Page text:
When I die, I want to be reincarnated and come back as the BF. Since we started dating, he has managed to foist several unpleasant activities onto my plate, and I, for some reason, have willingly taken them. I will admit that some of them have been for selfish reasons — like if I let him put things away in my kitchen, Lord only knows where half of them will end up. Or, if I send him to the grocery store, I’m pretty sure that half of my coveted items will be omitted.
The grocery store has become the bane of my existence. Inner city grocery stores are typically a combination of comical, pathetic, and treacherous.
When I lived on the Gold Coast, the famed “Jungle Jewel” on Clark and Division was my shopping option. It was a socioeconomic nightmare and a haven for street crazies. Every time I braved that store, I felt like wearing camouflage and combat boots. I couldn’t even tune out and put on headphones while I shopped, because it was important to be on guard. Someone tried to run a “lost wallet” scam on me there once (I didn’t fall for it), and a dirty guy exposed himself to me (I suggested he take “that thing” to the produce section).
Now that I’m in a different ‘hood, I shop in the South Loop Jewel for pedestrian items and visit Whole Foods for specialty fun stuff. This Jewel isn’t nearly as bad as the Jungle, but still has its trappings.
For example, I always seem to end up with the “mind of its own” basket. I know to avoid the lone basket because I’m certain that it’s left for a reason (similar to that one seat on the crowded bus that nobody wants for fear that the smelly man in the adjacent seat is afflicted with chiggers), so the frequency with which I happen to choose a ghost basket that meanders to the side or stops defiantly without warning or provocation, makes me think that at least 50% of the basket population is defective. If I were a conspiracy theorist, I would accuse Jewel executives of taping shoppers and watching the footage of us struggling with the metal torturers on wheels for their comedic pleasure.
The entertaining aspect of Jewel is the greasy-haired special Chinese stock guy who is clearly OCD, wears coke bottle glasses, steamrolls customers, and emphatically repeats what must be the only English phrase he knows: ”I’m so berry sorry.” (If you shop there and see this man, take my advice and do not — DO NOT — ask the location of any items. He will either fly through the store at breakneck speed to show you, or he will say something that you’ll never understand. Either way you’ll get a headache. Trust me.)
The other odd thing about this Jewel is that if you leave your basket unattended for one minute, the workers will abscond with it and start reshelving your items. Somehow, the very basket that you’ve been struggling with can be whisked away in an instant by an overzealous Jewel employee.
But, the piece de resistance for me is always the self-checkout line. I love the self-checkout line. I use it when I’m in a hurry, don’t really want to have conversation with the cashier, or when I’m buying an embarrassing item. Which pretty much means that I use them exclusively unless I have a full basket. (Oddly, the BF hates the self-checkout line because he says that they’re taking the place of real people and reducing jobs. My point being that if he were that damned concerned about inflating the economy, he should visit the store a little more frequently and reinvigorate it himself. )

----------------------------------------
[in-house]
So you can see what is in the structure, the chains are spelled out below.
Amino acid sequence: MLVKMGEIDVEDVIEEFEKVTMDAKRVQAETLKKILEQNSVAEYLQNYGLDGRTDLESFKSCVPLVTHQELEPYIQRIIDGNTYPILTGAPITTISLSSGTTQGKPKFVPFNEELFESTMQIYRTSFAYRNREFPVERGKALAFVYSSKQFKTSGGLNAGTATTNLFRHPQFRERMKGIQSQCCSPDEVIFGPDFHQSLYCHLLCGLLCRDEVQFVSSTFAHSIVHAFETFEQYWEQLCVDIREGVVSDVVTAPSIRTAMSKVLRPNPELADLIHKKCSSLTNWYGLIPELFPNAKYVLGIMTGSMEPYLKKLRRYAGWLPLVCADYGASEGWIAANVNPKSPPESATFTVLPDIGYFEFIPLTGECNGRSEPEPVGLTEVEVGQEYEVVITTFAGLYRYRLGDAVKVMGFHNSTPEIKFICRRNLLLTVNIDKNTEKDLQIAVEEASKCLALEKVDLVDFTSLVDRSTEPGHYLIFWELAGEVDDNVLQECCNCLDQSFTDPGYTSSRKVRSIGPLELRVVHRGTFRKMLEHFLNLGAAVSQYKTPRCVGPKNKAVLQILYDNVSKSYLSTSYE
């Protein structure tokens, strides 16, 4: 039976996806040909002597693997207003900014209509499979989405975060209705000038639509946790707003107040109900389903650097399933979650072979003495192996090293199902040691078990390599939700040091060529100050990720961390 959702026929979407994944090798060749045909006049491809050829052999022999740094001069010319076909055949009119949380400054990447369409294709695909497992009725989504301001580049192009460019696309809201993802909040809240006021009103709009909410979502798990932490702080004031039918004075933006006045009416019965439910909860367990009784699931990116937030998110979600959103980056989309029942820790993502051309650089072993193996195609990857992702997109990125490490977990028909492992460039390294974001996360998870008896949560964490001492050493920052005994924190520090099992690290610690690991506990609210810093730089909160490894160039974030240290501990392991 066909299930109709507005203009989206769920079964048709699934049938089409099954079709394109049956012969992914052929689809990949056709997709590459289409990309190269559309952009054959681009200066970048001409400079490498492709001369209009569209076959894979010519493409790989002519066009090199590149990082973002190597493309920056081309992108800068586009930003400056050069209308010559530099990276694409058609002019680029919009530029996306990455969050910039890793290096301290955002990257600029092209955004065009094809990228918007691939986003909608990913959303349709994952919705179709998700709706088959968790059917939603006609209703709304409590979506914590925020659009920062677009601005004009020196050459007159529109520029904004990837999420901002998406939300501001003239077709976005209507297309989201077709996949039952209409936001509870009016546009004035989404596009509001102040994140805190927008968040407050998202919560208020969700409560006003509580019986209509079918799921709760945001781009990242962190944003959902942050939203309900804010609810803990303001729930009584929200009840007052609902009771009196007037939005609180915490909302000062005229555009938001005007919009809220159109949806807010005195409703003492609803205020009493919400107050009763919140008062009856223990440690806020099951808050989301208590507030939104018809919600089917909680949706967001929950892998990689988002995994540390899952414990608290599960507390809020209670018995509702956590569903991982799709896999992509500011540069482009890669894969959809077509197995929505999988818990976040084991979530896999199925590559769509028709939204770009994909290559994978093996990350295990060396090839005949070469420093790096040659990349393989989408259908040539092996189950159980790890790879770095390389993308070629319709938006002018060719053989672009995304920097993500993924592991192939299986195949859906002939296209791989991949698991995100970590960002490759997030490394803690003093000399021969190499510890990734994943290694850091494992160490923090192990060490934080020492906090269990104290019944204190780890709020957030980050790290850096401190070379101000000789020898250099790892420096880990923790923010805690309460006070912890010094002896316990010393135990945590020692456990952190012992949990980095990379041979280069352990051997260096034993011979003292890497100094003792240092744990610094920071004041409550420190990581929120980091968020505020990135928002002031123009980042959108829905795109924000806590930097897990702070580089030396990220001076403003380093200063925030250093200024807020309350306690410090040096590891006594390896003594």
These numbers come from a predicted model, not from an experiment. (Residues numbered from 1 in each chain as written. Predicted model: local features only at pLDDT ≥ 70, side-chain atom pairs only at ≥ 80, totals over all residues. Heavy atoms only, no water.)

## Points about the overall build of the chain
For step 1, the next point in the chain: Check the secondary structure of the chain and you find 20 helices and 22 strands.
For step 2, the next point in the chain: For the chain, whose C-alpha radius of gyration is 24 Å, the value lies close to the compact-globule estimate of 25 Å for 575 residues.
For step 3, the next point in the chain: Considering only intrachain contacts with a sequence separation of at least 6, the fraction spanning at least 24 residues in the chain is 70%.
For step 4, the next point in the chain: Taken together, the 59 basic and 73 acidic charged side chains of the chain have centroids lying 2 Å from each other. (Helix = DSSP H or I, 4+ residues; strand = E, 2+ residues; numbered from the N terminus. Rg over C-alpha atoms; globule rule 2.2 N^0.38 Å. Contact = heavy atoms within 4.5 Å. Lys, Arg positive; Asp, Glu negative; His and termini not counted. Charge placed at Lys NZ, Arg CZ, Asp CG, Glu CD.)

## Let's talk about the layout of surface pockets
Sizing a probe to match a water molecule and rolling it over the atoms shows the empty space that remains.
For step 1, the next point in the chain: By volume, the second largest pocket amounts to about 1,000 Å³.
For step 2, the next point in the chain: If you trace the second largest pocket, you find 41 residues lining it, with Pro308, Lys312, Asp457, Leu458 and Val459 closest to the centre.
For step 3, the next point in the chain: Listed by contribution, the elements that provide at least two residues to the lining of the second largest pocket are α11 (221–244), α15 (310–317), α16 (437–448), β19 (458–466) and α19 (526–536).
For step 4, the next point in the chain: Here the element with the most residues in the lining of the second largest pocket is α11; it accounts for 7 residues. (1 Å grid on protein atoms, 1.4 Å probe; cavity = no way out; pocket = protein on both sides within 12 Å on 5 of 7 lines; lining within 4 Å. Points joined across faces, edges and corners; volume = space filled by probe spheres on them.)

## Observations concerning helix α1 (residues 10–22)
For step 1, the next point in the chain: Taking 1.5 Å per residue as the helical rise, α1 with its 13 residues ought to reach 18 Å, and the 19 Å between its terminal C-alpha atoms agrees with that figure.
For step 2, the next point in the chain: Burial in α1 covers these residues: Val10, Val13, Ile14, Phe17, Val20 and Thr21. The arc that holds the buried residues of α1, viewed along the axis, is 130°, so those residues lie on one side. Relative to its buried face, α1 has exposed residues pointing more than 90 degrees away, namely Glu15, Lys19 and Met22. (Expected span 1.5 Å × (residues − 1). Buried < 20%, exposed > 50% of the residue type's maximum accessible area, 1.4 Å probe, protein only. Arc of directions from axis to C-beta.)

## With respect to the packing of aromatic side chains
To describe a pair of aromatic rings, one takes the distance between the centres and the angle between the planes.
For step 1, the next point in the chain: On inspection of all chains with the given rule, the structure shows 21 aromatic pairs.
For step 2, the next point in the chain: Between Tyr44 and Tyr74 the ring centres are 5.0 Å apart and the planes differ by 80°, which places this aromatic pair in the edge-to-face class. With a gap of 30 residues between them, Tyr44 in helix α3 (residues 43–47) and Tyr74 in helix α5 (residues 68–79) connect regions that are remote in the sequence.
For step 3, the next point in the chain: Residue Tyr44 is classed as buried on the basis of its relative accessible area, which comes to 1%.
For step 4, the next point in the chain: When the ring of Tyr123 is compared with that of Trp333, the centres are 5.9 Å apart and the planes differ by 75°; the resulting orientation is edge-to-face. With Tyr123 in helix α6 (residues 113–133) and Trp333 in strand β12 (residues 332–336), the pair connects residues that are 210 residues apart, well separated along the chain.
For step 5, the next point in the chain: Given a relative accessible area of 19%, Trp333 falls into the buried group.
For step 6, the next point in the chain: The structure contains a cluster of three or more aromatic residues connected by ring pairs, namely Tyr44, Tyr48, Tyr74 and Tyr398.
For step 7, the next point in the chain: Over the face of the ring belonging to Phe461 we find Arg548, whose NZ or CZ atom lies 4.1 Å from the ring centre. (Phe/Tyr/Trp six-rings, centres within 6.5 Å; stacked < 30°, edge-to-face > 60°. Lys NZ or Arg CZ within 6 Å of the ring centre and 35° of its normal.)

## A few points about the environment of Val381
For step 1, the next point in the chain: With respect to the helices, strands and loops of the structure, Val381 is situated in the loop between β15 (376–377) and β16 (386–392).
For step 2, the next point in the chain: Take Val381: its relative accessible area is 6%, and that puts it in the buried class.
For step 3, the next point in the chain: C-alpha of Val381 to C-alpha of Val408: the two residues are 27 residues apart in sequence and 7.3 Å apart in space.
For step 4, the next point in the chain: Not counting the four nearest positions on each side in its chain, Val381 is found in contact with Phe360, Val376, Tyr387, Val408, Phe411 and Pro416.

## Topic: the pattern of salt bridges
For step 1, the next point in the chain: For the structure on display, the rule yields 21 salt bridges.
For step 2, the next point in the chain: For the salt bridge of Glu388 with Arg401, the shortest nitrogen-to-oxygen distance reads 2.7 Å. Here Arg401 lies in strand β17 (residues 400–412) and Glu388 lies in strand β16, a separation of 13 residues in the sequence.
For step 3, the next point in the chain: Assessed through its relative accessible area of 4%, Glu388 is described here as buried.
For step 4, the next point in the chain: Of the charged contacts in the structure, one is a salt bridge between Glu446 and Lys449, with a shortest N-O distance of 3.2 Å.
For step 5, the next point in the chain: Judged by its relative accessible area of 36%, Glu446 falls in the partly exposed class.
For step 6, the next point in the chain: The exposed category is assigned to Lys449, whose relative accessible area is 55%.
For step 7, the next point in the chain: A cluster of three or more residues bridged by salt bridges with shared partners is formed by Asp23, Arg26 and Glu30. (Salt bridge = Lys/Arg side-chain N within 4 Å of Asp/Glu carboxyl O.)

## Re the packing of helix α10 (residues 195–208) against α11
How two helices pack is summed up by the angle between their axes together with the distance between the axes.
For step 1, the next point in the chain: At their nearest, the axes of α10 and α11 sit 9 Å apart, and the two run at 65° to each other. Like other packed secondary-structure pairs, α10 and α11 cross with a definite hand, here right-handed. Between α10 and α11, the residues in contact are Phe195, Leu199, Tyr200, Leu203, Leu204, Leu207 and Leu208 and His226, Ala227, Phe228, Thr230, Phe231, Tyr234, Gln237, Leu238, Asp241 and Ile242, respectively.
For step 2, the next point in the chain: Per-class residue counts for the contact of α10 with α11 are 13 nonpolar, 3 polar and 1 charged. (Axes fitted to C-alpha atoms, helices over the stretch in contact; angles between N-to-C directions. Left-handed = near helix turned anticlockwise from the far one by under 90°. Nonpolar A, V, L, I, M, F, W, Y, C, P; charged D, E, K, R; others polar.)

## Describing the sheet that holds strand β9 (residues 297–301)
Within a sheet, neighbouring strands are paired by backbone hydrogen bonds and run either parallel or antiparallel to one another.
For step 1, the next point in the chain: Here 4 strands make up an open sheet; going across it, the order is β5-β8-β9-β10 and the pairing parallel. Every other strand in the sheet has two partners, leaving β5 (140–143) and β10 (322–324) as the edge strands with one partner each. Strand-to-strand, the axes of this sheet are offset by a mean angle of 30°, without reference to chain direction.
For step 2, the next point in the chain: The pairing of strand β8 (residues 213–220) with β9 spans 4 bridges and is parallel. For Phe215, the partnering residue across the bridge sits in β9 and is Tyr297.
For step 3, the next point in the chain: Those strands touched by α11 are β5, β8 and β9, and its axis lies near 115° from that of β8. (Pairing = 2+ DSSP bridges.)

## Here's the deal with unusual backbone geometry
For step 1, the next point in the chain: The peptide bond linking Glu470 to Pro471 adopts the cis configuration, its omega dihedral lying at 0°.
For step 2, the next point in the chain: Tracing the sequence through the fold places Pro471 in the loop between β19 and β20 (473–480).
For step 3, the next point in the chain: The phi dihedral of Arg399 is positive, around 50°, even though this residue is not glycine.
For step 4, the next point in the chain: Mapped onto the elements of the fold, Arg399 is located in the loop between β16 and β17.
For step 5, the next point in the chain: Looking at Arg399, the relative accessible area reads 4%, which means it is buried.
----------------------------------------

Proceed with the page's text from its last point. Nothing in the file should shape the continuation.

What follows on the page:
But here’s what I hate — when people who don’t know what they hell they’re doing use the self-checkout line and slow down those of us who are experienced, well-oiled machines.
There are rules.
1. Count your items. If you have upward of 20 items in your basket, please use the regular aisle.
2. Prepare. This means have your loyalty card ready to scan BEFORE arriving at the machine. Beulah, who is lethargically manning the self-checkout station, is not going to expediently dash over to scan her card for you. She will, in fact, arrive with disdain simply because you made her move. People behind you will want to throttle you. Just have it ready. Also, if you are an extreme couponer, have them ready to run through, and don’t summon Beulah when your $0.50 coupon only impacted your bill by $0.40. She really won’t care. And neither will the people behind you.
3. Avoid buying alcohol while in this line. While I realize that your 40 ounce can of malt liquor will make or break your evening, having to call an attendant to check your ID or retrieve it from the cage actually undermines the premise of a FAST lane.
4. Understand the concept of a bar code and know your limitations. If you don’t understand the concept of scanning an item, or if your dexterity prevents you from quickly running said bar code over the scanner, move to the regular aisle.
5. If you have something from the produce section that needs to be weighed, there are two things to know: a) what it is, and b) how to spell it. You’d be surprised at how many times Beulah gets called to discern between oranges and clementines.
5. Have a bagging strategy. I’ll admit that I’m a bit anal about this. I put like items together in my basket, so that the bagging process can move smoothly. For example, all of the frozen and refrigerated items are together so that they’re quickly put into one bag. There was a woman today who spent about 10 minutes post-purchase making sure that the Lysol wasn’t near the apples and that neither of things were near the tampons. I get it, but damn! Organize!
6. Move out of the way. Don’t stand there post-purchase pondering your receipt while others are salivating to occupy your machine. Also, don’t leave your basket lingering around. Oh, and if you have a stroller and a basket, don’t scowl at others who are scowling at you because they can’t get through.
If anyone else has grocery store woes, I would love to hear them.
Thanks for reading!